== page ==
People in many parts of the world must be wondering what all the fuss is about, but Brits like to discuss their ever-changeable weather now and again…and again. Of course there’s now the added element of wild panic-mongering (see below) from the usual climate-obsessed suspects like the Met Office, trying to blame humans for natural events plus all the rest of their tedious hype. We’ve had hot days before, and some like to pay to find hotter ones on their travels, so let’s dial back on the shrill alarmism.
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The Met Office has issued its first red warning for extreme heat, warning of a “potentially very serious situation” in parts of England, says ITV News.
The UK Health Security Agency has increased its heat health warning from level three to level four – a “national emergency.”
Level four is reached only when a heatwave is “so severe and/or prolonged that its effects extend outside the health and social care system”, according to the UK Health Security Agency.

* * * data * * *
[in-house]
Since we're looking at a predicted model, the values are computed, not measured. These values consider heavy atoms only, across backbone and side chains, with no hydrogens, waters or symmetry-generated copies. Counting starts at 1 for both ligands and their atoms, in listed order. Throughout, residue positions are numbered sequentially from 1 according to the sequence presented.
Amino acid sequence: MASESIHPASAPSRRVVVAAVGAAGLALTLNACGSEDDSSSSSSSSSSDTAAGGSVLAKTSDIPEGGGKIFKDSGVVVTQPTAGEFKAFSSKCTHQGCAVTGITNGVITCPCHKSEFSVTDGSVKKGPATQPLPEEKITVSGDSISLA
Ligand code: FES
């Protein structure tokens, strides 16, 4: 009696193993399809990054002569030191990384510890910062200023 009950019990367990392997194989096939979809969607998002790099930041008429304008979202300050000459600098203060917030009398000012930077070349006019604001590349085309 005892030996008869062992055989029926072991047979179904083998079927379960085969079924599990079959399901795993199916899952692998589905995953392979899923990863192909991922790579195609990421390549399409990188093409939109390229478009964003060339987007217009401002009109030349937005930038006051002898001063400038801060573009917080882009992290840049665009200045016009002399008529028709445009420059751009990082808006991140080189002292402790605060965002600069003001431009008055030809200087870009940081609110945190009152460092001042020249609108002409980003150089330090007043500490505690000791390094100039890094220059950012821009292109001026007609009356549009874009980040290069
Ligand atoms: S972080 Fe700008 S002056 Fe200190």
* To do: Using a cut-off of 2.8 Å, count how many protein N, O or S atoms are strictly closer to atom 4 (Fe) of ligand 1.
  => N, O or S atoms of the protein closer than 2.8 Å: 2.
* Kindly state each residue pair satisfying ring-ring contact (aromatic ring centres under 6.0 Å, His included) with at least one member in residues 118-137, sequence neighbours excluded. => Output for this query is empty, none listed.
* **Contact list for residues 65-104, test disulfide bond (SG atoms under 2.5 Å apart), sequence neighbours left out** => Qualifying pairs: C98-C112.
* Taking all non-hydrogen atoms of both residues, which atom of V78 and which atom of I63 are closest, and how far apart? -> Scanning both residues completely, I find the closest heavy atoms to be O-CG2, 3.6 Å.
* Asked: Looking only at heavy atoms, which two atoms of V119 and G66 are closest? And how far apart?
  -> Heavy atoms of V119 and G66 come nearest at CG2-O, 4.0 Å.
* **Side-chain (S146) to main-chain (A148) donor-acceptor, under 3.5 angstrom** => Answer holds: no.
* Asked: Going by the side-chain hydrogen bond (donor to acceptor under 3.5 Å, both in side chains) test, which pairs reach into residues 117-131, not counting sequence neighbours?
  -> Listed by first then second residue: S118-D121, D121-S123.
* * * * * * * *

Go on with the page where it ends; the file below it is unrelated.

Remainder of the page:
Illness and death may occur even among the fit and healthy, and “not just in high-risk groups.”
With the heat building beyond the weekend, here’s what you need to know about how high temperatures could rise and when the heat will be most intense.
How dangerous is this?
Hot weather can put a strain on the heart and lungs, with older people, those with pre-existing health conditions and young children particularly at risk.
It can cause dehydration, heat exhaustion or even heatstroke, and affect the ability to work or concentrate.
via Tallbloke’s Talkshop
July 15, 2022, by oldbrew